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Cities: Skylines 2's first post-launch DLC, Beach Properties, is out now and players aren't happy: 'This is a disgrace'

 New houses.
New houses.

Cities: Skylines 2 didn't have a great start last year. When it launched in October, the sequel to the best city builder around garnered a mountain of criticism thanks to its wonky simulation and significant performance issues. There were a plethora of great ideas buried inside it, but it definitely didn't put its best foot forward. Improvements have been made since then, but this week's launch of the first bit of post-launch DLC, Beach Properties, has just riled players up again.

Beach Properties is a weird DLC to lead with. It's an asset pack, so it doesn't introduce any new features, instead throwing a waterfront zone, a bunch of new growable buildings, six signature buildings and, erm, four trees into the mix. Despite the name, it doesn't actually include beaches, and the assets have been criticised for mostly being a bunch of regular houses.

Granted, at $10/£8.49, this was not going to be a beefy expansion. And it's probably better for Colossal Order to work on getting the game in a better state than shifting to developing brand new features. Even with that in mind, though, players haven't been too impressed with the value on offer here. "There is nothing in this DLC that justifies it costing a fifth of the price of the base game," one review reads. "This is a disgrace. The assets look nice, but for 10 euros, there is way too little in this DLC," reads another.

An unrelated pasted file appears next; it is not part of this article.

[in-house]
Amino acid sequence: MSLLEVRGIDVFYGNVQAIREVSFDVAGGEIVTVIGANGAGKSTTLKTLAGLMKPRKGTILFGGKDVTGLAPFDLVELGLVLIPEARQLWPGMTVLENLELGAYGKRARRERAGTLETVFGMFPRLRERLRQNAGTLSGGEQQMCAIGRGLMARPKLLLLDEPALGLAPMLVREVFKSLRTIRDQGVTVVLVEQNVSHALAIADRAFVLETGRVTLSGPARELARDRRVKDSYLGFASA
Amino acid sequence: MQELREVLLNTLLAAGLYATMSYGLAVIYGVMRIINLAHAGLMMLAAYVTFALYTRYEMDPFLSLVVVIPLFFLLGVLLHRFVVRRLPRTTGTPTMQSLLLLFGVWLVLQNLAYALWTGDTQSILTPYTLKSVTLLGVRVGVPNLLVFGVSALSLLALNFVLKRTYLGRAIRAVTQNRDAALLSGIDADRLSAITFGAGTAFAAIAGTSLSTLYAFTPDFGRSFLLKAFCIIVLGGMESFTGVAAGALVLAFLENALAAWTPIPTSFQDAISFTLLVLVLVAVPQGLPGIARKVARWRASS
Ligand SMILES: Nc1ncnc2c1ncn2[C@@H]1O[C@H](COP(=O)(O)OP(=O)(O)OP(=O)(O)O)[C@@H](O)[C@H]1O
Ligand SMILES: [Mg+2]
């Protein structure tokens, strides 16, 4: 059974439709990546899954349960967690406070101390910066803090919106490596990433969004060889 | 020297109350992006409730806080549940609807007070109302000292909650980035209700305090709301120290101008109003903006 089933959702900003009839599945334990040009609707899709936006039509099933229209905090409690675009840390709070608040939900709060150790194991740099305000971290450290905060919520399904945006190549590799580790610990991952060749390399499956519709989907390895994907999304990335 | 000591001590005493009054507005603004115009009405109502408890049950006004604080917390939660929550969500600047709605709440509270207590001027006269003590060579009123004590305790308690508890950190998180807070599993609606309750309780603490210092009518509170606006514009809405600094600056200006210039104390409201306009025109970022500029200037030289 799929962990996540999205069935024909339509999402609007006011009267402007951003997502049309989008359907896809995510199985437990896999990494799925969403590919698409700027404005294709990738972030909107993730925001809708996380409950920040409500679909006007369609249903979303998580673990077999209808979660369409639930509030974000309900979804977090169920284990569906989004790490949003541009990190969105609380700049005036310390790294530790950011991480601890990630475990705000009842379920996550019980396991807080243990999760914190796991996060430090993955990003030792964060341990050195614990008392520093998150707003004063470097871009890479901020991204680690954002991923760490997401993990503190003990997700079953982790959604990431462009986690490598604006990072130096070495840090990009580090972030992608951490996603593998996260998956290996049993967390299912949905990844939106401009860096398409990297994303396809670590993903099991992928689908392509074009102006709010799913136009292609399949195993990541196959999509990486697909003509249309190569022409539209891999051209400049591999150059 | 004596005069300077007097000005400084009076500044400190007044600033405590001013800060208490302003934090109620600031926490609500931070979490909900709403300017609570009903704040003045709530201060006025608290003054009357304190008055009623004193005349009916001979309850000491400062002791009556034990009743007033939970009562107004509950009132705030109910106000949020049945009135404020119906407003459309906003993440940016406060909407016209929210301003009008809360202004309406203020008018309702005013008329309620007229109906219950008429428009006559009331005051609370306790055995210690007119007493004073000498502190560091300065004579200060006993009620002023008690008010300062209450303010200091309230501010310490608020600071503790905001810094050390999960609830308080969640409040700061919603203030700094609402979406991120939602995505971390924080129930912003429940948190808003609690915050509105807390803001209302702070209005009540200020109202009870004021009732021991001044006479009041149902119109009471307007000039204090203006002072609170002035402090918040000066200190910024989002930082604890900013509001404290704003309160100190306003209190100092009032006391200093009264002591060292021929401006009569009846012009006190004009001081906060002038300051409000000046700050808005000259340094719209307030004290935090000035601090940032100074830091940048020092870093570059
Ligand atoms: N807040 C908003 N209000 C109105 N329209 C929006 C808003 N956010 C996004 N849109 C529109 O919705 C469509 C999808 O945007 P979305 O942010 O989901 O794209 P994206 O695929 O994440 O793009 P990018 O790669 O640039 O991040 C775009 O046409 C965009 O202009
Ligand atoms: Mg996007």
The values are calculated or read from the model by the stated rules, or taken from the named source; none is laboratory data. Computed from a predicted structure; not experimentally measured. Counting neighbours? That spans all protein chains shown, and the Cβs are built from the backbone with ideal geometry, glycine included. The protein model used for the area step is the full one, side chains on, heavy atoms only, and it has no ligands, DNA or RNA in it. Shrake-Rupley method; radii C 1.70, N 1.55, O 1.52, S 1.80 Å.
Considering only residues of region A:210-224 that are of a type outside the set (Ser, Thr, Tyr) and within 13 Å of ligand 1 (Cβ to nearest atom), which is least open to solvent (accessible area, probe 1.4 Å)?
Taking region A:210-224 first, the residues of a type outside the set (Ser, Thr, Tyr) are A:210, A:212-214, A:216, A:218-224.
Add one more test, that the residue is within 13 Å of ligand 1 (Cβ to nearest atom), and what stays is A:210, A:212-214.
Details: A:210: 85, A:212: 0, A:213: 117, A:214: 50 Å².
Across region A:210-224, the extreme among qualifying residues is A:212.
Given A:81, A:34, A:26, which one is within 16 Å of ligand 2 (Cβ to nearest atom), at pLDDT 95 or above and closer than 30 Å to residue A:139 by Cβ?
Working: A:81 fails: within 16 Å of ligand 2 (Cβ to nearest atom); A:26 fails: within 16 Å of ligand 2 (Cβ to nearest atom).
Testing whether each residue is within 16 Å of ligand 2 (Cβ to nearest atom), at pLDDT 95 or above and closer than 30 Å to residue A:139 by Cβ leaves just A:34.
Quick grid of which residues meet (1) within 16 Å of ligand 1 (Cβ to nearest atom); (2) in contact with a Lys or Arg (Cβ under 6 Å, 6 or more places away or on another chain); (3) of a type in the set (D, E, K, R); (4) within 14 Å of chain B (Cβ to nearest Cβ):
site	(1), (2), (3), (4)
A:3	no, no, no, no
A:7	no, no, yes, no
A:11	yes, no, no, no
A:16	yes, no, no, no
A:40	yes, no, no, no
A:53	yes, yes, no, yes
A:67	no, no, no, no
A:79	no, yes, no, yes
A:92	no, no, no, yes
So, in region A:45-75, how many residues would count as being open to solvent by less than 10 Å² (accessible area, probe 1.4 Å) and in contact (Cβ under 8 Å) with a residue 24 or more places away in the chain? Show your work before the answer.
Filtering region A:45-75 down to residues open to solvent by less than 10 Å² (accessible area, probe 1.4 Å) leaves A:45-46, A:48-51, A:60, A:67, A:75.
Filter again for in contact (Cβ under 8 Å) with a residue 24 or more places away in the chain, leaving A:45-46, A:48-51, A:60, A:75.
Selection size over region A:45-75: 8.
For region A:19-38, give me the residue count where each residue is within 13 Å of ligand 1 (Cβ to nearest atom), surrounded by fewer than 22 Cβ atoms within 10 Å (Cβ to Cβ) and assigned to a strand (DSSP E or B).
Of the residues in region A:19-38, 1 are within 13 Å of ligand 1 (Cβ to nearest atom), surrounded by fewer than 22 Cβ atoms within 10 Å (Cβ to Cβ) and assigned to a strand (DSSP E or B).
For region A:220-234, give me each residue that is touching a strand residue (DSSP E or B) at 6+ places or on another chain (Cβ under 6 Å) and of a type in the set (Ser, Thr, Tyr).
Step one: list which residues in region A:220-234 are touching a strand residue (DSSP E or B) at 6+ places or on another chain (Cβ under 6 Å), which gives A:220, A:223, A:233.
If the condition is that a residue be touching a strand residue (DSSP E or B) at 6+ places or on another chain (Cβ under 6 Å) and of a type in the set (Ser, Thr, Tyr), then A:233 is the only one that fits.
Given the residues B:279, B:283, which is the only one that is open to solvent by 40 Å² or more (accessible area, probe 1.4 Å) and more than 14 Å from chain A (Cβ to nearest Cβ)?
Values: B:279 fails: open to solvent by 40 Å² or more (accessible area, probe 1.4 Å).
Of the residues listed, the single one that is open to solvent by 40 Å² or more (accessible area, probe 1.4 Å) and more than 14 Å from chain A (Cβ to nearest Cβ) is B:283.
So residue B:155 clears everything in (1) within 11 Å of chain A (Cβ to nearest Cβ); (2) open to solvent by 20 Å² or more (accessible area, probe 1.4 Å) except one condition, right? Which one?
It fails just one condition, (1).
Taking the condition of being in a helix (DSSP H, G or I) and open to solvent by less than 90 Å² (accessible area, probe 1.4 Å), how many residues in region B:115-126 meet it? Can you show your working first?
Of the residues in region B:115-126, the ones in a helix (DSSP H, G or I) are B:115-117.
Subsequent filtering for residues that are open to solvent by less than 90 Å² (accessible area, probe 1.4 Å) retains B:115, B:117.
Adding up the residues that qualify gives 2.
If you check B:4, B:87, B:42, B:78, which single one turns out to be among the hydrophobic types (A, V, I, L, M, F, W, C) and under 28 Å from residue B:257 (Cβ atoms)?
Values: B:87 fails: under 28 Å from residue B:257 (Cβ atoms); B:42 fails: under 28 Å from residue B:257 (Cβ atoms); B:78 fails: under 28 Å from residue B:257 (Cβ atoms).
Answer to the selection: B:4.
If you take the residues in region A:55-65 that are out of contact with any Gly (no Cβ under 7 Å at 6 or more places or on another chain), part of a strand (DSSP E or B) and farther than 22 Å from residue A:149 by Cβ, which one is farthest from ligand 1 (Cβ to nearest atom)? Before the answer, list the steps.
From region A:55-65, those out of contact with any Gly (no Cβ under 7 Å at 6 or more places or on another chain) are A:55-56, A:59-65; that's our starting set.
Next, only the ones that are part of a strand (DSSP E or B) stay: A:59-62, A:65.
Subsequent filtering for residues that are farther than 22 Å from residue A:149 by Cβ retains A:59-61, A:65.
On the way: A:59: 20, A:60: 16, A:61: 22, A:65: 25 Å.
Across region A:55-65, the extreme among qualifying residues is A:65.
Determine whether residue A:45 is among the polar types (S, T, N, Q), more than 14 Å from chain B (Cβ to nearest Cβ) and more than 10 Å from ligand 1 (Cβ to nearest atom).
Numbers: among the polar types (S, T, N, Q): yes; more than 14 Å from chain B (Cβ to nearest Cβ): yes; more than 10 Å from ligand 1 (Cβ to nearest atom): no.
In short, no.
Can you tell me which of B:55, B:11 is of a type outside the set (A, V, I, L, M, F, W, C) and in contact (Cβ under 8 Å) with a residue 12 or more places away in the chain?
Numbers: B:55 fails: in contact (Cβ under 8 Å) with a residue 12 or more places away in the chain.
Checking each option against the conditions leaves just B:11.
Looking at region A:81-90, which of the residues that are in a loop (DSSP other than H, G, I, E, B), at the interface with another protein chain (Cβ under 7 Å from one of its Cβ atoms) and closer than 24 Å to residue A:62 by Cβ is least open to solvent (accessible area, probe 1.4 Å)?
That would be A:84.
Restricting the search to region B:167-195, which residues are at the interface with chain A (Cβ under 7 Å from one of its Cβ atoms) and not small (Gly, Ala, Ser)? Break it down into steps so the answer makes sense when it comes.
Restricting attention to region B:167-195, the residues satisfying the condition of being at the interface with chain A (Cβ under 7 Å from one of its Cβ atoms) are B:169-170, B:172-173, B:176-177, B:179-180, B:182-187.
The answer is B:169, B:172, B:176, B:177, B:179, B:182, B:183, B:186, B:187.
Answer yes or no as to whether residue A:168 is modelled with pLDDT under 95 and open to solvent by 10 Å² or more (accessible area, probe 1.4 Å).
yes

At least modding tools have finally arrived. This is something that players have been waiting for since launch, so the anticipation levels were pretty dang high. Modding was so core to the original game, to the point that modders got early access to ensure the Steam Workshop was full of them at launch, so their absence this time was disappointing. At least they're here now. Sorta.

See, this is just a beta. Map and code mods can now be created and shared, but it's not yet possible to import assets, which was a big part of the first game's modding scene. Paradox also uses its own mod platform now, instead of using Steam Workshop, which means a new system you'll need to get used to. The arrival of these tools is broadly a good thing, but there are still all of these caveats.

I'm still hopeful that Cities: Skylines 2 will grow into a city builder that's just as essential as its predecessor, but nearly half a year after launch it still has the air of an early access game.